Latest Posts from: Floodwater Agroecology
Turning Wastelands into Wetlands
From acrss the river the tall existing Cottonwoods, dense Willow plantings and fruit-bearing trees and shrubs are visible. The diversity of plant species and community structure will attract numerous birds to the site and encourage seed dispersal.
Water Harvesting systems serve several obvious purposes such as storing runoff and supporting vegetation. Beyond those basic functions, water harvesting systems can serve a multitude of other functions… read more»
Posted on 3 November 2012 | 9:17 am
Restoring the ability of streams and wetlands to store moisture naturally is a high priority form of broad-scale water harvesting and restoration. This once-incised stream was re-connected with it’s floodplain by constructing riffles with small boulders.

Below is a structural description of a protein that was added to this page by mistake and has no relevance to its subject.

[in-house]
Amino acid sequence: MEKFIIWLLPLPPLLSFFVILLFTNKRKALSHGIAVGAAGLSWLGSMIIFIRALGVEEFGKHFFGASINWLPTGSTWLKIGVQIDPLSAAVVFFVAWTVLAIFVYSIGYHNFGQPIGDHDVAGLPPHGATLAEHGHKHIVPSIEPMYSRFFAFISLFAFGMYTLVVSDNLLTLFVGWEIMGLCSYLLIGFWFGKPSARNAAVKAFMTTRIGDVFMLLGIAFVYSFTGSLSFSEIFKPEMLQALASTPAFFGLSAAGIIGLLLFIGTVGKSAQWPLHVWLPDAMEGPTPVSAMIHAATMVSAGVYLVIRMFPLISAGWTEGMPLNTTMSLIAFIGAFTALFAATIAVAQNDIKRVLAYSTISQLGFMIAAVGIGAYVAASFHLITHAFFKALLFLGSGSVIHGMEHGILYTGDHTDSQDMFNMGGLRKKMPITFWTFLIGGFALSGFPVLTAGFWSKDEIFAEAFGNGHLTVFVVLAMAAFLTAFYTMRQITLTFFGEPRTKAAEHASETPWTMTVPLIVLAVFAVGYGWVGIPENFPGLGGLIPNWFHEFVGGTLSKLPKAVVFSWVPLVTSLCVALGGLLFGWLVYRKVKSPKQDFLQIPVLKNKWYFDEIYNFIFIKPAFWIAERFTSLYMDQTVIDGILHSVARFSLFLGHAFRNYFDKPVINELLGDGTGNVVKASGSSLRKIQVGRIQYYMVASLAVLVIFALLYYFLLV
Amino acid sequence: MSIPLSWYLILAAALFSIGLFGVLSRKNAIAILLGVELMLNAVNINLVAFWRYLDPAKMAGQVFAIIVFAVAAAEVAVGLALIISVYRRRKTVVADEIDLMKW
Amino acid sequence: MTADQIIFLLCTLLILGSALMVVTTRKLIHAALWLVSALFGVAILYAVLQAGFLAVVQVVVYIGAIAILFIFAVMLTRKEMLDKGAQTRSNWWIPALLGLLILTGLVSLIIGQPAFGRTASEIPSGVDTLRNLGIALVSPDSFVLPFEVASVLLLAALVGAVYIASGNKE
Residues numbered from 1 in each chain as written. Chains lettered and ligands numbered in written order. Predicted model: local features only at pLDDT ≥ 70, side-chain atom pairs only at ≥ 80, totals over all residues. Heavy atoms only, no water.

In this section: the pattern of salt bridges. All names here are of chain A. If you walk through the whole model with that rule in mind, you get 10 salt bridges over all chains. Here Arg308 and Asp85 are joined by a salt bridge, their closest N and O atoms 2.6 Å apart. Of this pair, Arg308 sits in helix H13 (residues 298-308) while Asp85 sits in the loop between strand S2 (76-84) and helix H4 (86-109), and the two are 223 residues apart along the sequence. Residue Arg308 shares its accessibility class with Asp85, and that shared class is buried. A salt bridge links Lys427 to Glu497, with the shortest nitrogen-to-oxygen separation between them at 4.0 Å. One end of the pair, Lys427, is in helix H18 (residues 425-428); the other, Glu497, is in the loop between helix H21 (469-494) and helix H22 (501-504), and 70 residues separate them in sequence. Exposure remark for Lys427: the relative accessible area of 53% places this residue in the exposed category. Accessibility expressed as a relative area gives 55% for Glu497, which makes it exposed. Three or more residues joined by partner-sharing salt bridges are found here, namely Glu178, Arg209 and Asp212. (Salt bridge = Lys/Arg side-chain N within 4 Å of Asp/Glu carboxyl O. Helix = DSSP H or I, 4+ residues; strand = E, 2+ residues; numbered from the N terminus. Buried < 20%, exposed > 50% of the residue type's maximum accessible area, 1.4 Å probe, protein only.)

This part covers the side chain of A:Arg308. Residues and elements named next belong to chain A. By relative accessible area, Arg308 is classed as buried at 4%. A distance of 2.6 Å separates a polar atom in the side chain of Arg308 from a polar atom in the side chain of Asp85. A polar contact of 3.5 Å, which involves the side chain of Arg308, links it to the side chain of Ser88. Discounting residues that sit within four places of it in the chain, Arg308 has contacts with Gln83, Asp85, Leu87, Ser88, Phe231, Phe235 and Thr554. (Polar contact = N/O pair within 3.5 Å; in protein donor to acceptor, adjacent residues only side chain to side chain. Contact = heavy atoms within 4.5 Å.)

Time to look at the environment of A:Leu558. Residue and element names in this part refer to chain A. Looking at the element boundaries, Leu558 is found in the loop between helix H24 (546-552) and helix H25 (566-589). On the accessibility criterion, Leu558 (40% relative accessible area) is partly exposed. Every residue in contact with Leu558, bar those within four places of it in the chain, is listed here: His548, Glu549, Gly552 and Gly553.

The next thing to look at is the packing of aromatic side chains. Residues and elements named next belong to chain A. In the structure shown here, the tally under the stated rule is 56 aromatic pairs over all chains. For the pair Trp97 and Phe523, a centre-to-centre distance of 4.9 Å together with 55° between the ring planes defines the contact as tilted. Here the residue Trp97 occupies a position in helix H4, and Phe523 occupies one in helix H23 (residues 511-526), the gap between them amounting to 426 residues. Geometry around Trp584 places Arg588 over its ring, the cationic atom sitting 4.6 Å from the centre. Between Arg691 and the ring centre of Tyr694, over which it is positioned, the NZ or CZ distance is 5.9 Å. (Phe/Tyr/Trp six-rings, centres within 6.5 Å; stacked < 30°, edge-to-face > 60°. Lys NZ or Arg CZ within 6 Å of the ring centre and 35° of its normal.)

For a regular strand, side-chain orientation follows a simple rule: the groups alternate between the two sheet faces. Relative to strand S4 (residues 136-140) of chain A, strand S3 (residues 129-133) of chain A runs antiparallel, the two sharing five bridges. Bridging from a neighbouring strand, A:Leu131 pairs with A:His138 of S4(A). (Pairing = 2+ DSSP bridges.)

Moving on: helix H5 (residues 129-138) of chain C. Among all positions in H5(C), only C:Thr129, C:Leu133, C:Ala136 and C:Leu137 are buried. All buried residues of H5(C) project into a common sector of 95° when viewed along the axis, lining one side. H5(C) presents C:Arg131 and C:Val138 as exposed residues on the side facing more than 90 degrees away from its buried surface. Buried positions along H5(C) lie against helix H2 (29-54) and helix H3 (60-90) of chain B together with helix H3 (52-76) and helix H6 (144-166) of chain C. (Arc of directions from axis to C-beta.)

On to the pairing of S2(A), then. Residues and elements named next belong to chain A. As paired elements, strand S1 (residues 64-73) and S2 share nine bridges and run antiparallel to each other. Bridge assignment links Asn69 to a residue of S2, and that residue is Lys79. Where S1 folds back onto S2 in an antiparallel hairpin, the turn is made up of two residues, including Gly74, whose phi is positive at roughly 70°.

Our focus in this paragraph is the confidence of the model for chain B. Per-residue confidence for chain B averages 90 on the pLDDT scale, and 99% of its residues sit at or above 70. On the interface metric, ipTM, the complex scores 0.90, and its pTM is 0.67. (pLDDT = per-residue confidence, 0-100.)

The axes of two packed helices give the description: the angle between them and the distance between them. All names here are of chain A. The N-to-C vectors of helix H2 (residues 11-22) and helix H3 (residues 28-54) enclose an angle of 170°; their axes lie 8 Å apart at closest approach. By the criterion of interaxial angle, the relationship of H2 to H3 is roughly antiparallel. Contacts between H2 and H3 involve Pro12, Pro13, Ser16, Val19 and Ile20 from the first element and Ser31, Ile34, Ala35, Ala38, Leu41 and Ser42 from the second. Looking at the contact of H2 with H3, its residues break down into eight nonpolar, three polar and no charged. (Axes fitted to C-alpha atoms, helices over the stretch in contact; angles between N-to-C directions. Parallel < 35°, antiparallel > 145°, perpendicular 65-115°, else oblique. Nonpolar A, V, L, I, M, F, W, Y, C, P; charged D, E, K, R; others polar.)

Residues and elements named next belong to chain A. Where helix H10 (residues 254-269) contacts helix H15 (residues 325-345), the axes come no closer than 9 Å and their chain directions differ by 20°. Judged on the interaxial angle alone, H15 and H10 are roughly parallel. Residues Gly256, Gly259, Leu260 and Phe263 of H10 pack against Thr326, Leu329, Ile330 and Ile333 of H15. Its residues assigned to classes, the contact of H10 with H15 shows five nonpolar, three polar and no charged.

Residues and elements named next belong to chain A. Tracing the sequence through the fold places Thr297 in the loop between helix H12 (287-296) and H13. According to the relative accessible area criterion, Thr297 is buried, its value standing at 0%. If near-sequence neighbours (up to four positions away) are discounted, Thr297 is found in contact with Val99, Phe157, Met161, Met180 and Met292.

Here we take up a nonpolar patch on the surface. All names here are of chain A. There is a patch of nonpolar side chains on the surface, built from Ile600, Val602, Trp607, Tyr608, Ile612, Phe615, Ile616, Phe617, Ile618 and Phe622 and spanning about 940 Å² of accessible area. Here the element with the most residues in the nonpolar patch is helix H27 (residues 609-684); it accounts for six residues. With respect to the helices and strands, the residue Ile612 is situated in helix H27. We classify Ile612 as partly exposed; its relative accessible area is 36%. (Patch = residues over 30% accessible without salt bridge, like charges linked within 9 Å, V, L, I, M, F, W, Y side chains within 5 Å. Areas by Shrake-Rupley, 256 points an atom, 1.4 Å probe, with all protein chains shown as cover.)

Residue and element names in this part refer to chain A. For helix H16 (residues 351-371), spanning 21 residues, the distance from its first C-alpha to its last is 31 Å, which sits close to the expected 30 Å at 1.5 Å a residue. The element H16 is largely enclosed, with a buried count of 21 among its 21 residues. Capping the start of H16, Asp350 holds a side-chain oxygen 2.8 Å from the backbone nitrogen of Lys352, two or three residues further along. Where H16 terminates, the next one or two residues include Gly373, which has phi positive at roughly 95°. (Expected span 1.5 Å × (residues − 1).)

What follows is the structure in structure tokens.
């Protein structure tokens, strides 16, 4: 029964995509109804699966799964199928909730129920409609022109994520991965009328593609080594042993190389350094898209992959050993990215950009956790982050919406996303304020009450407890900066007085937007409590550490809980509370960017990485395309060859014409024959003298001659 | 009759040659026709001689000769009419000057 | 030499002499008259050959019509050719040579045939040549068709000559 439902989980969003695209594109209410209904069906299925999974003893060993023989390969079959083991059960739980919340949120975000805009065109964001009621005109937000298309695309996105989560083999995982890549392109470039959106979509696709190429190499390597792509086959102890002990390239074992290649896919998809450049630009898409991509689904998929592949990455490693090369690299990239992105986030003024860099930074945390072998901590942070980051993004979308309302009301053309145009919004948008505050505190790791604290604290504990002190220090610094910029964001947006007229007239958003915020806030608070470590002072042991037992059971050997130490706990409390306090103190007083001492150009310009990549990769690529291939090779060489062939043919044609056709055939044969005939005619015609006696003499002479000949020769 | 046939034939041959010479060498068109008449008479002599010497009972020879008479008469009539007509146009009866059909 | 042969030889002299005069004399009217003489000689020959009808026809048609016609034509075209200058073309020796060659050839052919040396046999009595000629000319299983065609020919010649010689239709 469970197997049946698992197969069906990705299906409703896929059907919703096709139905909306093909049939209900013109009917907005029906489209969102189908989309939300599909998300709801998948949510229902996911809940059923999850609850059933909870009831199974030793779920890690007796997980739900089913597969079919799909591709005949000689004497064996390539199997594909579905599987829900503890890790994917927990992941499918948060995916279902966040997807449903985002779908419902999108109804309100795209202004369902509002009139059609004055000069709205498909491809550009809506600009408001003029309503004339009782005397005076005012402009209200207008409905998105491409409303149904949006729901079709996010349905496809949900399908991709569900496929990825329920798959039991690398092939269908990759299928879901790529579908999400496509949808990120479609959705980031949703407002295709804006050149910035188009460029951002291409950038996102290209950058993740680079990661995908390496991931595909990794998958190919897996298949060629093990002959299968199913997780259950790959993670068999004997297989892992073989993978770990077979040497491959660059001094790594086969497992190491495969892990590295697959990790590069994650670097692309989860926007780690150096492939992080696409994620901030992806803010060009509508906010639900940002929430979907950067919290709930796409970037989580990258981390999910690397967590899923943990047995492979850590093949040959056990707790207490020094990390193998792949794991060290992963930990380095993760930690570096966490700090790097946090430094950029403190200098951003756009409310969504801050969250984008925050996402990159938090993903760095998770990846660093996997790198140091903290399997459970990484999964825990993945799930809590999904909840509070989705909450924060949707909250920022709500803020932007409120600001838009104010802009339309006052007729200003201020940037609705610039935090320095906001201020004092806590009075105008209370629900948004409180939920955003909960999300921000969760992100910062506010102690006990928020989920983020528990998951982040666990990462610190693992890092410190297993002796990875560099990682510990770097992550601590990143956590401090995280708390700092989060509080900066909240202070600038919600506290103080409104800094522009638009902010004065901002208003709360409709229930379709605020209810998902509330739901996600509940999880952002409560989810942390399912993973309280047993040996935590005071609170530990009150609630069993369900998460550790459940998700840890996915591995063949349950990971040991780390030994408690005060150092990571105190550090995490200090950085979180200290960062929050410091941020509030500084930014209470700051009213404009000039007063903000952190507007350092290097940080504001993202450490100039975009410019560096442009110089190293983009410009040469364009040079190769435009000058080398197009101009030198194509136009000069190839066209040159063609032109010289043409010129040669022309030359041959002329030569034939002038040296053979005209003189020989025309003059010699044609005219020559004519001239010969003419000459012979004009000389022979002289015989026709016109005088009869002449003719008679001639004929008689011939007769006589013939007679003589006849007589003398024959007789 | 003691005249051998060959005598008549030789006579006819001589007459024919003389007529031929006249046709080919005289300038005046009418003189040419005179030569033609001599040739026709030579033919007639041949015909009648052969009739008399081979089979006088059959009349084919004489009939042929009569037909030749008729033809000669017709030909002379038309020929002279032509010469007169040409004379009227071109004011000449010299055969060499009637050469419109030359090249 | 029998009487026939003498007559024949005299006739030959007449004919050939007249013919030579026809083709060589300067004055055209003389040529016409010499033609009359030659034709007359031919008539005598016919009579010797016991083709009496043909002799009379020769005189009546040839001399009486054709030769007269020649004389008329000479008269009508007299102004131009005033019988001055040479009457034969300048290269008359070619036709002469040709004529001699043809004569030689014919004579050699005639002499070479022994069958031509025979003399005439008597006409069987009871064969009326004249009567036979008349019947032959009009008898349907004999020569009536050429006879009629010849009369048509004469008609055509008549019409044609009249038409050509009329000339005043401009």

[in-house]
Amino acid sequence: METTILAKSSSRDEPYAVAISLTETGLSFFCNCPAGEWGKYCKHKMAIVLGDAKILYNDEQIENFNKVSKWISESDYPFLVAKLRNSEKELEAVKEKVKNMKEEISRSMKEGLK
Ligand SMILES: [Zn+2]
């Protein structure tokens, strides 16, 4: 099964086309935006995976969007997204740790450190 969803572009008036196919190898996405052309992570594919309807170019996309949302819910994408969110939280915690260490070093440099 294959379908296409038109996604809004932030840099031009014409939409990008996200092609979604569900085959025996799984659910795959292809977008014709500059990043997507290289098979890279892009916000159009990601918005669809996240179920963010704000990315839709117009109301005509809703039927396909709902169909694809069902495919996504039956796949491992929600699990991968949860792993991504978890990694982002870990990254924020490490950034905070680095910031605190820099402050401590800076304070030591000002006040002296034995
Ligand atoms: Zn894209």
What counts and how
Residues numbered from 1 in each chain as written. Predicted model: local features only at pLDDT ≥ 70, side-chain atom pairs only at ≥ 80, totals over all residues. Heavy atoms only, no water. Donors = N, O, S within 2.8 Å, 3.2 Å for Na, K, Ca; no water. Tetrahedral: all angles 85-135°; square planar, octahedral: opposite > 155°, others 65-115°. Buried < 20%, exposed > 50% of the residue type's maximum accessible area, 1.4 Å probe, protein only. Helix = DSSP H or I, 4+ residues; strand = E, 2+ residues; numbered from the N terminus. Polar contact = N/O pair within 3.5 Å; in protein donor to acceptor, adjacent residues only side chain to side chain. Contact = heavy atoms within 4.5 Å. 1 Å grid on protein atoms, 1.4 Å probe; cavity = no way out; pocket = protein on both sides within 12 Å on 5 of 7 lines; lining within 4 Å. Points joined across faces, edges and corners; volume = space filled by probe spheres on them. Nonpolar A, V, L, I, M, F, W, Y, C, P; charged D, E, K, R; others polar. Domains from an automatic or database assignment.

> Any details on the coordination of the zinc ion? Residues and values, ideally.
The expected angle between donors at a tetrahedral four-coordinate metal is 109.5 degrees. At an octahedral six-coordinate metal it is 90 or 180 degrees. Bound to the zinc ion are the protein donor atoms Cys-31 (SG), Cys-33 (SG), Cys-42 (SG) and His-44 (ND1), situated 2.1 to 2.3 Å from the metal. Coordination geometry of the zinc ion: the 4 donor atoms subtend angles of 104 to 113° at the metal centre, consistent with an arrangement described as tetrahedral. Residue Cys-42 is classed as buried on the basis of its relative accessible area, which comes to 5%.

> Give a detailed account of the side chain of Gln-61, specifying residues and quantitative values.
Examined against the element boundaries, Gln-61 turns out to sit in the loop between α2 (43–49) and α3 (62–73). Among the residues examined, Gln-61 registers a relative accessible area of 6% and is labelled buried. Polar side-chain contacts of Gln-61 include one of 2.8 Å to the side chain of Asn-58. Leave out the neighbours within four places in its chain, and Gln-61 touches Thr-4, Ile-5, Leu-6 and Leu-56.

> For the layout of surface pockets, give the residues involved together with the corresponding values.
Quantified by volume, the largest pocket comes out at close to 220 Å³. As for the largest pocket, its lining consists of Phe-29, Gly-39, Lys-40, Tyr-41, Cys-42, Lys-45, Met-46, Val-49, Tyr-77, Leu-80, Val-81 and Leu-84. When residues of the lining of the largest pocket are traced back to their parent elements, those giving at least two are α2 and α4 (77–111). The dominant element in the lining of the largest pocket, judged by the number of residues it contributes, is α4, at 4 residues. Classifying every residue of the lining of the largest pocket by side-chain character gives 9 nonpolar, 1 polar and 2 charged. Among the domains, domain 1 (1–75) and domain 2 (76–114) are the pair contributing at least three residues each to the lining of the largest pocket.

Over the past year I have had the great privilege to teach with some of the best permaculure, sustainable agriculture and watershed institutions in the world. That list includes read more»
Posted on 8 October 2012 | 12:46 pm
Stream restoration and water harvesting is as much art as it is science. The Don Jose storm water project is no exception. The final outcome is the result of thoughtful observation and the recognition of both problems to solve and opportunities to take on along with some hard empirical data for good measure. Every project has many overlapping objectives and each objective can have numerous ways… read more»
Posted on 14 August 2012 | 7:27 pm